Bioarchaeology, human ecology, and subsistence change in ancient China
Author(s): Elizabeth Berger
This paper will explore the links between bioarchaeology and human ecology, and how they can contribute to studies of ancient Chinese subsistence. Both fields deal with similar types of data, including measures of nutritional status, fertility, disease burden, food production, and human-environment interaction. However, the two fields differ widely in both the time scale and the resolution of their data. Can models from human ecology inform bioarchaeological research? Can the long time scale available from bioarchaeology contribute to human ecology? The paper will use preliminary results from bioarchaeological research on the origins of pastoralism in China as a case study.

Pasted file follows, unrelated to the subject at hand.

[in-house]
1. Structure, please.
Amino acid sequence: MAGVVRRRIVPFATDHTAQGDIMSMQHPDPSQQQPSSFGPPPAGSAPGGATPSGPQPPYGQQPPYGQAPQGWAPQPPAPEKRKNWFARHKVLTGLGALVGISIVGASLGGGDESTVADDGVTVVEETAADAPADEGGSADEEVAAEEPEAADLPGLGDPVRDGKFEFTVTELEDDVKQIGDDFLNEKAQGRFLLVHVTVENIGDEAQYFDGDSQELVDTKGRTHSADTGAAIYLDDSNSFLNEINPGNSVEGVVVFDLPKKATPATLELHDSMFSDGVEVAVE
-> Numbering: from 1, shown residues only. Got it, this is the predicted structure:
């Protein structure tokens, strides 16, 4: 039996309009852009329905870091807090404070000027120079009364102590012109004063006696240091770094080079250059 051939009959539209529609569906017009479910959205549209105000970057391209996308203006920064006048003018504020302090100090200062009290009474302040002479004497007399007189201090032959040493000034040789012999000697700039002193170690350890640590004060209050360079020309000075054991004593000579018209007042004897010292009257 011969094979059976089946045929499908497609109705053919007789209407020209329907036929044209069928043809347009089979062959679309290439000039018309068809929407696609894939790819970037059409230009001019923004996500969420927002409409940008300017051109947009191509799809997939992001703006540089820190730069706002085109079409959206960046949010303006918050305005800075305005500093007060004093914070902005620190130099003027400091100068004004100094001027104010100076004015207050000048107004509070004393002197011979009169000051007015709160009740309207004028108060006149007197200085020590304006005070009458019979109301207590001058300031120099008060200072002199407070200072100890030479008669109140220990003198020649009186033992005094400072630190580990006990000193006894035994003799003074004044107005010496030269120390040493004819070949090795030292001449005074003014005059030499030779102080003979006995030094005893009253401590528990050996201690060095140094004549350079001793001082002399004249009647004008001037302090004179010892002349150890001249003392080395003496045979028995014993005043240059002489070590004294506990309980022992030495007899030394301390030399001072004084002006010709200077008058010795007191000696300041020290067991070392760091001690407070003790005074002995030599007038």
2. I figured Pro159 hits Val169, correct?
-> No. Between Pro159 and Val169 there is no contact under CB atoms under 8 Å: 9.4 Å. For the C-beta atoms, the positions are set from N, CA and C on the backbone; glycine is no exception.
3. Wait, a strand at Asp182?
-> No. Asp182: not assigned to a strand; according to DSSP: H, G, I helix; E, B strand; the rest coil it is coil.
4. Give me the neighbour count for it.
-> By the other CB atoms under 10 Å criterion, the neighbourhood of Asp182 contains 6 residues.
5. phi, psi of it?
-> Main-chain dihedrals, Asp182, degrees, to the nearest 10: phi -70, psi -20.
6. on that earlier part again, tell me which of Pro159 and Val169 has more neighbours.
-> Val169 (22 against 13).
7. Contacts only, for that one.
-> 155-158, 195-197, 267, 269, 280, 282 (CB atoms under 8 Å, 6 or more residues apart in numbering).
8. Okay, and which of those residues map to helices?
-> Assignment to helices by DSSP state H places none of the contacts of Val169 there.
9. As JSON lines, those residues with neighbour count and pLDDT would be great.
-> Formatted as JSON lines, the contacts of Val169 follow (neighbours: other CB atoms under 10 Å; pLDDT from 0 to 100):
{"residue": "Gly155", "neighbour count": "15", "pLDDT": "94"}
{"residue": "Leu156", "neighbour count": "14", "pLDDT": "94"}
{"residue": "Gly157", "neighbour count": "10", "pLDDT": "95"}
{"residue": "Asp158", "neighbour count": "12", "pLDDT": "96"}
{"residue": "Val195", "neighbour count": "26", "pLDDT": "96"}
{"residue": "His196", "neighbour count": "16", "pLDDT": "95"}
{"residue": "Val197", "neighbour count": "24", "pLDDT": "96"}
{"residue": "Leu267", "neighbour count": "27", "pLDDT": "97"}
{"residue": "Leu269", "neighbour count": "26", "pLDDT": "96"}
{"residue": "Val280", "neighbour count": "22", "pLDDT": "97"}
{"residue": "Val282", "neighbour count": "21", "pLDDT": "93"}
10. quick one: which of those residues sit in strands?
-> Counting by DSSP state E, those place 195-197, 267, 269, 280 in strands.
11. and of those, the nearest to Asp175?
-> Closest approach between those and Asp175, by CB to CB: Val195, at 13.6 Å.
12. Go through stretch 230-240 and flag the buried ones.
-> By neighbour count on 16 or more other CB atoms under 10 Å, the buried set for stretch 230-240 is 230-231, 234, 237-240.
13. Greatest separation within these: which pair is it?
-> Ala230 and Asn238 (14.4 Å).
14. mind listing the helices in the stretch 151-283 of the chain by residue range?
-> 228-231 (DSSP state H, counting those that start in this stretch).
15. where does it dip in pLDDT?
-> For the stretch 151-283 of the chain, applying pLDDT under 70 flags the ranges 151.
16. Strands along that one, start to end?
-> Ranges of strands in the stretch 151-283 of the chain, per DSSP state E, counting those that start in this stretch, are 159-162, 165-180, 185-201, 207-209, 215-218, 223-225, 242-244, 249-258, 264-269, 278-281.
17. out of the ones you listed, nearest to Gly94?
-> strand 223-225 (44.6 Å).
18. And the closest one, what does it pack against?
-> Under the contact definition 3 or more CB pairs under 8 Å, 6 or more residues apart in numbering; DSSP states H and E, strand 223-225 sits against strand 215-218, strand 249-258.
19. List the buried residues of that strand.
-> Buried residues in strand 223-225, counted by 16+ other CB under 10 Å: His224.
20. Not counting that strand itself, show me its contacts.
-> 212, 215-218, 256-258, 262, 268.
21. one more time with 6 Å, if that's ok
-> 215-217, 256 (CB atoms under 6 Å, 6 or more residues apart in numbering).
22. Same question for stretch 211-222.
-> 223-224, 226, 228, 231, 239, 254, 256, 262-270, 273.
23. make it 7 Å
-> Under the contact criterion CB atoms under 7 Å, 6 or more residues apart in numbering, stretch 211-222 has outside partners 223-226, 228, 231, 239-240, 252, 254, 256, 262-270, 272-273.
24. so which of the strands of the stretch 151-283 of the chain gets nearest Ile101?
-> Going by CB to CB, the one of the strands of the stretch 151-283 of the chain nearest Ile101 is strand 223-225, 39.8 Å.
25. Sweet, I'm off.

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Bioarchaeology, human ecology, and subsistence change in ancient China. Elizabeth Berger. Presented at The 80th Annual Meeting of the Society for American Archaeology, San Francisco, California. 2015 ( tDAR id: 395633)
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